The 'Catholic vote': Demographics is never destiny

People stand in a line to vote shortly before the polls close in Edinburg, Texas, during the Super Tuesday primary election March 5. (OSV News/Reuters/Cheney Orr)

People stand in a line to vote shortly before the polls close in Edinburg, Texas, during the Super Tuesday primary election March 5. (OSV News/Reuters/Cheney Orr)

by Michael Sean Winters

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Trying to figure out the currents and eddies in the estuary where politics and religion collide? Welcome to the club.

This week, a couple of readers wrote to me about Jesuit Fr. Thomas Reese's article analyzing the Catholic vote in the 2024 election. The headline stated, provocatively, "Catholics could decide the 2024 election." It was a fine and balanced piece that echoed a 2020 piece in The Washington Post by E.J. Dionne, "There Is No 'Catholic Vote.' And Yet, It Matters," and countless columns I have published through the years.

The thesis is simple. Unlike other religious groups that align disproportionately with one party or the other, Catholics straddle the electorate. In the 2020 election, exit polls indicated that Donald Trump won white evangelical Christians with 80% of their vote, but he bested Joe Biden among Catholics nationwide by a mere 50% to 49%.

The thesis, however, needs important updating. First, Catholics are disproportionately represented in some key swing states like Arizona, Michigan, Nevada and Pennsylvania, but Latino Catholics constitute a majority of Catholic voters in Arizona and Nevada while white Catholics are dominant among Catholics in the Great Lakes swing states.

So, it is now necessary to put the noun into the plural: There are two "Catholic votes." Latino Catholics have remained more loyal to Democrats than their white counterparts. Those same exit polls from 2020 found Trump winning 57% of white Catholics while Biden won 67% of Hispanic Catholics.

Further, what was once true of the Catholic vote might now be true of the Latino vote: They could prove decisive. As I pointed out in 2021, Trump's ability to overperform among Latinos in 2020, compared to his dismal showing in 2016, may not have been enough to win reelection, but if Democrats do not find a way to stop losing Latino voters, their future is a lot less viable.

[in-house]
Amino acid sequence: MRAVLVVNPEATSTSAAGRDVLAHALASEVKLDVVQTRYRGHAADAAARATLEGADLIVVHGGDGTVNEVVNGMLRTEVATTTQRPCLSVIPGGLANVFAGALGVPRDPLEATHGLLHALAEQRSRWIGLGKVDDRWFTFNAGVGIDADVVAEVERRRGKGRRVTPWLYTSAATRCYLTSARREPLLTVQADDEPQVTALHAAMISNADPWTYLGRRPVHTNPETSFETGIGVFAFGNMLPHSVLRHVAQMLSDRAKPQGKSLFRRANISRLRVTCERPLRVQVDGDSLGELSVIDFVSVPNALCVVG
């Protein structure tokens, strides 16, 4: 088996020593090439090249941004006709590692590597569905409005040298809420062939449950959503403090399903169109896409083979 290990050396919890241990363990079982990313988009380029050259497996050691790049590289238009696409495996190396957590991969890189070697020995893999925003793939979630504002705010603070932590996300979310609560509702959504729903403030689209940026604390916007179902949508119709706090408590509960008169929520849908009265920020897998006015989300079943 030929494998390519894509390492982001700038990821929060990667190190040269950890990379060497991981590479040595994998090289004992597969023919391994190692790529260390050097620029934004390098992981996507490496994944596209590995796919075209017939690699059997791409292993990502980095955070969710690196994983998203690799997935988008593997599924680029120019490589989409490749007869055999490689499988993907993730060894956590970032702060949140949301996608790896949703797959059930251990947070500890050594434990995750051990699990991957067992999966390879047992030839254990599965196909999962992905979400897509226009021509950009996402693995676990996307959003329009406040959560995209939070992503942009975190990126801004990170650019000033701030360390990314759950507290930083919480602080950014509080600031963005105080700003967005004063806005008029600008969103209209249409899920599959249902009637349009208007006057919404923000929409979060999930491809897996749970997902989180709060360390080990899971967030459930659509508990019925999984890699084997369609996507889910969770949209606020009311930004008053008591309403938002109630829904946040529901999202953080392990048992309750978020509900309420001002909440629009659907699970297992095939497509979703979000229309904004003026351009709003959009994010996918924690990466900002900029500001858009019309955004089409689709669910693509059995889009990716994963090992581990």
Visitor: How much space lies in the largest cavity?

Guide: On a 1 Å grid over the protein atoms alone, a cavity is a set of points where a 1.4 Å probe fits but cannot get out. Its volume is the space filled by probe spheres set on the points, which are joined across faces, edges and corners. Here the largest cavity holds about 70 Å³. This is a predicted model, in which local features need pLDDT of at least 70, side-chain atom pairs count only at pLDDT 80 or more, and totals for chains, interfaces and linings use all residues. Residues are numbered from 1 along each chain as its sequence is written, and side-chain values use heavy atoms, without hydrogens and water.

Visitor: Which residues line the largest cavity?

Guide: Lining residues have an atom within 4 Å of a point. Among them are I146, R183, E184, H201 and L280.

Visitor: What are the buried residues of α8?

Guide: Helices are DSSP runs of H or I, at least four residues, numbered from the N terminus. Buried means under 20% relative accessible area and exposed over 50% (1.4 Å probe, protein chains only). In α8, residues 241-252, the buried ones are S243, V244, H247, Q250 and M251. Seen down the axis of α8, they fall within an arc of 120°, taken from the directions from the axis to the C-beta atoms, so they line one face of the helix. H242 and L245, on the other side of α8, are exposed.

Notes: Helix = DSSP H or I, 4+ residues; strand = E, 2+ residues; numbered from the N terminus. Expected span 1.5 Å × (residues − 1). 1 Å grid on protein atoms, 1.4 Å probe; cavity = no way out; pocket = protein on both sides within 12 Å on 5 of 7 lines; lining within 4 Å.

The second amendment of the thesis is this: When elections are this close, almost any group appears decisive. Remember that despite Biden's overwhelming margin in the popular vote, and in the Electoral College, if Trump had been able to flip 42,921 votes in three states — in Arizona (10,457), Georgia (11,779) and Wisconsin (20,682) — Trump would have remained president. It is an astonishingly low number when you consider that more than 158 million people voted in 2020.

So, of course Catholics were decisive. So, too, were Black Protestants in Georgia and Ukrainian Orthodox in Wisconsin and Native Americans in Arizona. And, with elections this close, the votes of those with kitchens painted purple might have been decisive too in any given state as well.

What is a mistake, for either party, but especially for Democrats, is to view demographic issues as a zero-sum game. For the Dems, does outreach to religious voters harm the party's prospects with nonreligious voters? Shadi Hamid noted in The Washington Post: "Now that White evangelicals are so disproportionally and unapologetically Trump-supporting, the share of Democrats who view Christianity negatively is likely to remain high or perhaps even increase."

Hamid was quick to point out that this is not a foregone conclusion. "In the pre-Trump era, Democratic presidential candidates took seriously the task of reaching out to devout Christians and presenting their party as hospitable to people of faith," he writes. "The Hillary Clinton campaign, on the other hand, made a conscious decision to de-prioritize outreach to evangelicals."

Hamid quotes Barack Obama's faith-based outreach director Michael Wear, who now leads the Center for Christianity and Public Life: "The simple difference between Obama's two presidential campaigns and Clinton's 2016 campaign is that Obama asked for the votes of White evangelicals and Clinton did not."

Just as the technological worldview has led the planet to the brink of ecological catastrophe, the professionalization and application of technological models to the task of campaigning has led the country to the brink of a democratic catastrophe. We slice and dice the electorate as if we were pitching restaurants or selling laundry detergent. Powerful cultural forces encourage this disaggregation of the electorate.

There are lessons in all this not only for politicians and political theorists, but for religious leaders as well. How can our churches become creators of solidarity? How can they resist the false allure of identity politics on both the left and the right?

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